Worthy Point of View: October heralds start of budget season

Matt Greeson
Guest columnist

October and November are a time for financial planning for the city of Worthington as we seek to have the budget in place for the upcoming calendar year.

Consistent with the city charter, I submit a proposed budget to Worthington City Council at least 60 days before the end of the year. In practice, this typically is done well before that timeframe in early October.

Matt Greeson

In Worthington, the budget process includes two documents: the proposed operating budget, which lays out spending for programs and services year-round, and the capital-improvements program, which is the city’s five-year plan for equipment, infrastructure maintenance and physical improvements.

These two documents are very important to city operations and activities, as they serve to take all the ideas and concepts that could be pursued and fit them within the financial resources available. These documents illustrate the priorities that will actually be able to be implemented in the near future. They address everything from playgrounds and parks, water lines and traffic signals to emergency response, trash collection, snow removal and much more.

It is my experience that although some people love to dive into numbers to really understand what is happening, others prefer to read or hear about what is proposed. We work hard to make these two documents accessible and understandable for everyone in the community by providing both the narrative and the numbers.

Each document starts with a written summary that describes the current situation, financial trends and the tradeoffs involved in matching needs and desires with financial constraints. The text is followed by spreadsheets of numbers for anyone who wants to dive into the numeric detail.

The proposed 2021 operating budget and the 2021-25 capital-improvements program documents are available under the finance section of the city’s website at worthington.org/budget. In addition to the documents, we also have created a series of four short videos that soon will be available on the city’s website and serve as introductory information about the city’s finances.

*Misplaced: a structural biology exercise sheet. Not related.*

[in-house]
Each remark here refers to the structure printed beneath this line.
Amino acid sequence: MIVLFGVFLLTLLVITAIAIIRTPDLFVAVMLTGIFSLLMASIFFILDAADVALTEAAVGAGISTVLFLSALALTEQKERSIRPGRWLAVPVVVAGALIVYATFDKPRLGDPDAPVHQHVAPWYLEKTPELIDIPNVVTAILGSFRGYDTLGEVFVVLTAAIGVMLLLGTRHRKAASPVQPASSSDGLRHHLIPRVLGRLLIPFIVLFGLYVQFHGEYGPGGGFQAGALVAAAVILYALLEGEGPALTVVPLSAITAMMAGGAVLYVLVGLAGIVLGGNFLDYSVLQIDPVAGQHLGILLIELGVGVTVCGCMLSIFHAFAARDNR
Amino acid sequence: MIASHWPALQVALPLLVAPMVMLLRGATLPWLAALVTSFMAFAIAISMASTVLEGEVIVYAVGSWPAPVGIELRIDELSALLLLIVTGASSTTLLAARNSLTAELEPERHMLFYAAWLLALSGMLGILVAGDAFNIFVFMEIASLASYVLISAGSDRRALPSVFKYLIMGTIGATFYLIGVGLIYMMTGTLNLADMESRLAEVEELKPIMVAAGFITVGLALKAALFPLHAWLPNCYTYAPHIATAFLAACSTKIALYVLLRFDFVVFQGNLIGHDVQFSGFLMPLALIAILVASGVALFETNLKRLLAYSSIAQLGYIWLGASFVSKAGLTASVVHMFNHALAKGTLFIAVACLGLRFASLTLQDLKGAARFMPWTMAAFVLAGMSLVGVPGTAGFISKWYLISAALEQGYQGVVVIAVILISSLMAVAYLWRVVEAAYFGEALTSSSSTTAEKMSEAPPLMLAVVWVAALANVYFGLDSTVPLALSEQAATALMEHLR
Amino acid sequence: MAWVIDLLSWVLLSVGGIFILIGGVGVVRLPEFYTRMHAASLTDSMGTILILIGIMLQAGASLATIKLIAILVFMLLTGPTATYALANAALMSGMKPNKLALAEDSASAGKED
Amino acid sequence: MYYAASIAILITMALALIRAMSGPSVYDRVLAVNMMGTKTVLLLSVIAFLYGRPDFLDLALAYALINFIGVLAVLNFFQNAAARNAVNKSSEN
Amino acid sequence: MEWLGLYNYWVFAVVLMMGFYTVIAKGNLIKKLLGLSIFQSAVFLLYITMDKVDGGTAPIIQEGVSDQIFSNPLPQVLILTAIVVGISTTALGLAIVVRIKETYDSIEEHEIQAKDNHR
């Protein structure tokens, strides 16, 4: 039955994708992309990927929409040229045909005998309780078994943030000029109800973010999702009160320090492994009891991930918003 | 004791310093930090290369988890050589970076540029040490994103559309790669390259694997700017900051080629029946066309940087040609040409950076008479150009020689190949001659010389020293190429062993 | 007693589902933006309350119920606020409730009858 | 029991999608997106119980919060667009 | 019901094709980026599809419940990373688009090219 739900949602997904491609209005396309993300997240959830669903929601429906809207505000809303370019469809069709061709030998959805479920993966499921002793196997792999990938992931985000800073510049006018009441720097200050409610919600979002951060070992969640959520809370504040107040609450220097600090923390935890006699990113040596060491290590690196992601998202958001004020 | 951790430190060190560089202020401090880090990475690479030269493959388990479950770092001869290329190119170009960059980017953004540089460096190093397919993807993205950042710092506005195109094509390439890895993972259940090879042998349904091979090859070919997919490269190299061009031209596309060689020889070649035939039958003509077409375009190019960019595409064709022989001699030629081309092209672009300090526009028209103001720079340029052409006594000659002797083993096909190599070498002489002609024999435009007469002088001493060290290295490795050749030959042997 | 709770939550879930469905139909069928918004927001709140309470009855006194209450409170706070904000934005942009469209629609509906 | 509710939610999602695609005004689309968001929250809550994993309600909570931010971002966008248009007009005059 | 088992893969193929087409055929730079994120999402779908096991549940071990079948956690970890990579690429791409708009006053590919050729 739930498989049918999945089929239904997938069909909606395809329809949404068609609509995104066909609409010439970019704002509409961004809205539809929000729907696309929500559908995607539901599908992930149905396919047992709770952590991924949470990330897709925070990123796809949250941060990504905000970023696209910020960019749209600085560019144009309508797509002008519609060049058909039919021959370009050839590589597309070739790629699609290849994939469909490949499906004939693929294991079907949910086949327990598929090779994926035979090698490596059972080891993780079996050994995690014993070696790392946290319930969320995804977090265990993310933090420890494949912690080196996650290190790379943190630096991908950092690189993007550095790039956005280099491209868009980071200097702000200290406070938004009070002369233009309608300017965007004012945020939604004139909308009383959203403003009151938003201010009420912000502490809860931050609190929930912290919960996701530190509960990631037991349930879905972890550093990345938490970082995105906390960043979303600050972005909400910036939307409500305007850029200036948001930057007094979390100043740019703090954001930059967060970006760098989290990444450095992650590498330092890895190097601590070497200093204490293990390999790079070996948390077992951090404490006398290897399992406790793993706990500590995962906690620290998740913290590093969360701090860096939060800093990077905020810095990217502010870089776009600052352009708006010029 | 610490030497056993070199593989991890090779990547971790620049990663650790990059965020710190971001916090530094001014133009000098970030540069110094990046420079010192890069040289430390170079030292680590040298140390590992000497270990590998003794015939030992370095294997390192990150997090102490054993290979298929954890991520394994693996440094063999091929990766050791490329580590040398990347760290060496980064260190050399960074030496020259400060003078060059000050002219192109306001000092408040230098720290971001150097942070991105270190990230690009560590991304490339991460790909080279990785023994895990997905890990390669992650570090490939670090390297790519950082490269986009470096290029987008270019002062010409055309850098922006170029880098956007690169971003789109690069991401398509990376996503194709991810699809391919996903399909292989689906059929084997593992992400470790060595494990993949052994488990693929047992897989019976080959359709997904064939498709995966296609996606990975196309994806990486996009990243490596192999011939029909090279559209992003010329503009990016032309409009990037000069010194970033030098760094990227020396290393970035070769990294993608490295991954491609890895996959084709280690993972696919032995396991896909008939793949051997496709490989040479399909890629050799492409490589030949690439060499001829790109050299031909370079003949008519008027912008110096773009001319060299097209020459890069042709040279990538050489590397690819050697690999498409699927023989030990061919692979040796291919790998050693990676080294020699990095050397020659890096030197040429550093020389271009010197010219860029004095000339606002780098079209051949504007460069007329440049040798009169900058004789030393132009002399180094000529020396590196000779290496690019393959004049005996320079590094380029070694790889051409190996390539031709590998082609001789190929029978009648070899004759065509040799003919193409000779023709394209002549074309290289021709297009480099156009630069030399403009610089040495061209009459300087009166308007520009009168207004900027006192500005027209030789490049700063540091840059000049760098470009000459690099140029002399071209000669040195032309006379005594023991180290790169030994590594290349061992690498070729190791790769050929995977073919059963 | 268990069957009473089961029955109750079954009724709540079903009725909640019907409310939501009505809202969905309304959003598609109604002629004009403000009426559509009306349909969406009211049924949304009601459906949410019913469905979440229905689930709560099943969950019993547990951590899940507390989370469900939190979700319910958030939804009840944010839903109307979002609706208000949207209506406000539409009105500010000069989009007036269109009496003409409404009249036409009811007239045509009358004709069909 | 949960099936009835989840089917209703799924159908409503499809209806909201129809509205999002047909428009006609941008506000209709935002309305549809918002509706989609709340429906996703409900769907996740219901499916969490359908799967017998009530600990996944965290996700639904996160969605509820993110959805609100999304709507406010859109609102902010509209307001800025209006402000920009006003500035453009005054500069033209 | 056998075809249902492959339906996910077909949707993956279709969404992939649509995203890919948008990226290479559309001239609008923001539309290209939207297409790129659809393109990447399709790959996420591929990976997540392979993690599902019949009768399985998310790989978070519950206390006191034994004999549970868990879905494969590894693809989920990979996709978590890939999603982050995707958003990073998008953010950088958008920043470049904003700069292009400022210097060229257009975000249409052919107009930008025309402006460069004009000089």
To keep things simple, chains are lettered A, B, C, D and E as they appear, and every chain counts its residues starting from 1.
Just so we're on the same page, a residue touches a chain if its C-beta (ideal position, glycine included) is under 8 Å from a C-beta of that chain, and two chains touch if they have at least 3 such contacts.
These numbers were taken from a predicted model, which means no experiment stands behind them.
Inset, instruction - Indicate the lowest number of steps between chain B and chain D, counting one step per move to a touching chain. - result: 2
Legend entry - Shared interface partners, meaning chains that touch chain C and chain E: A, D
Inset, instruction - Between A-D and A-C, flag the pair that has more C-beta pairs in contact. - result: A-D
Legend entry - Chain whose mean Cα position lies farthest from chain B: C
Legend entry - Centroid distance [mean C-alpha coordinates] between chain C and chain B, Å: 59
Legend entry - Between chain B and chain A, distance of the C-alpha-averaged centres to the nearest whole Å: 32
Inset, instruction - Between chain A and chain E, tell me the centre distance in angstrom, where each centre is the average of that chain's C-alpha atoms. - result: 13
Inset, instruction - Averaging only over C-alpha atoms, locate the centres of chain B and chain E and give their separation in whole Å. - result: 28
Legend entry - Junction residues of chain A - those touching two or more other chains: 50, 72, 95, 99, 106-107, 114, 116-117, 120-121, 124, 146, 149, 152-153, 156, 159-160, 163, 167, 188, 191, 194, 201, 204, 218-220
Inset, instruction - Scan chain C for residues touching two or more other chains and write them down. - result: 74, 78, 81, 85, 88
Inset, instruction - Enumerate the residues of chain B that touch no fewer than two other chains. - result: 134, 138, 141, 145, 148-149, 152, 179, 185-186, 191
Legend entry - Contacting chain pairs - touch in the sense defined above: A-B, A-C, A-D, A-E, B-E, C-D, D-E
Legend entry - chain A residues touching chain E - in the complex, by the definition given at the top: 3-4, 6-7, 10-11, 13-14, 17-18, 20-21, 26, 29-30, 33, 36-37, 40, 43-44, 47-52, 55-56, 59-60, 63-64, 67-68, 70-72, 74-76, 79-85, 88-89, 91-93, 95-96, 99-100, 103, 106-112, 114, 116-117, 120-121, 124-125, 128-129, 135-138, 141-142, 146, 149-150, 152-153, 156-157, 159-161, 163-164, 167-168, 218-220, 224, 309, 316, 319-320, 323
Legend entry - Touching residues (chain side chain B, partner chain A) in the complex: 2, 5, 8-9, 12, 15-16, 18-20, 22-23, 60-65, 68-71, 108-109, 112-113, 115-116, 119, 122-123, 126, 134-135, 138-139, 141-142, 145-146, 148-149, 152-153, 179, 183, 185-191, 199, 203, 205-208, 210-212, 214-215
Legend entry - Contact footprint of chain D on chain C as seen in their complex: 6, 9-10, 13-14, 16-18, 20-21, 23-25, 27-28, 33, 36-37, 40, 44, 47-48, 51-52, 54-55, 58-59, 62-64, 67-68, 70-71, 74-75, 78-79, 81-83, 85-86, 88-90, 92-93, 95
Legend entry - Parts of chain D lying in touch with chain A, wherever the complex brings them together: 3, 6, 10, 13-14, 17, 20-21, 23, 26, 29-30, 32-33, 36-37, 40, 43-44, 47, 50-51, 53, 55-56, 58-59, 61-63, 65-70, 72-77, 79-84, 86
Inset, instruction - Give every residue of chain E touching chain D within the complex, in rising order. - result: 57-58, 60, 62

City Council is committed not only to making Worthington's finances and financial plans readily accessible to the public but also to providing opportunities for members of the public to provide input. Our website soon will have a budgeting tool that you can utilize to communicate with us about the choices you would make with the budget. Using this tool, you would work to fit the requests for funds with the resources available.

Between Oct. 12 and the end of November, each of the City Council meetings will include a portion of the budget or capital plan that is presented and discussed.

Residents are encouraged to provide comments during these workshops. Please go to the City Council section at worthington.org/council for information about how to see and participate in the City Council meeting and to access meeting-agenda packets, which will provide additional details on the specific areas to be discussed.

These are interesting and challenging times for the city and our community. City Council and I urge everyone who has an interest in city operations and initiatives to become informed and engaged in the budgeting process.

Matt Greeson is Worthington's city manager.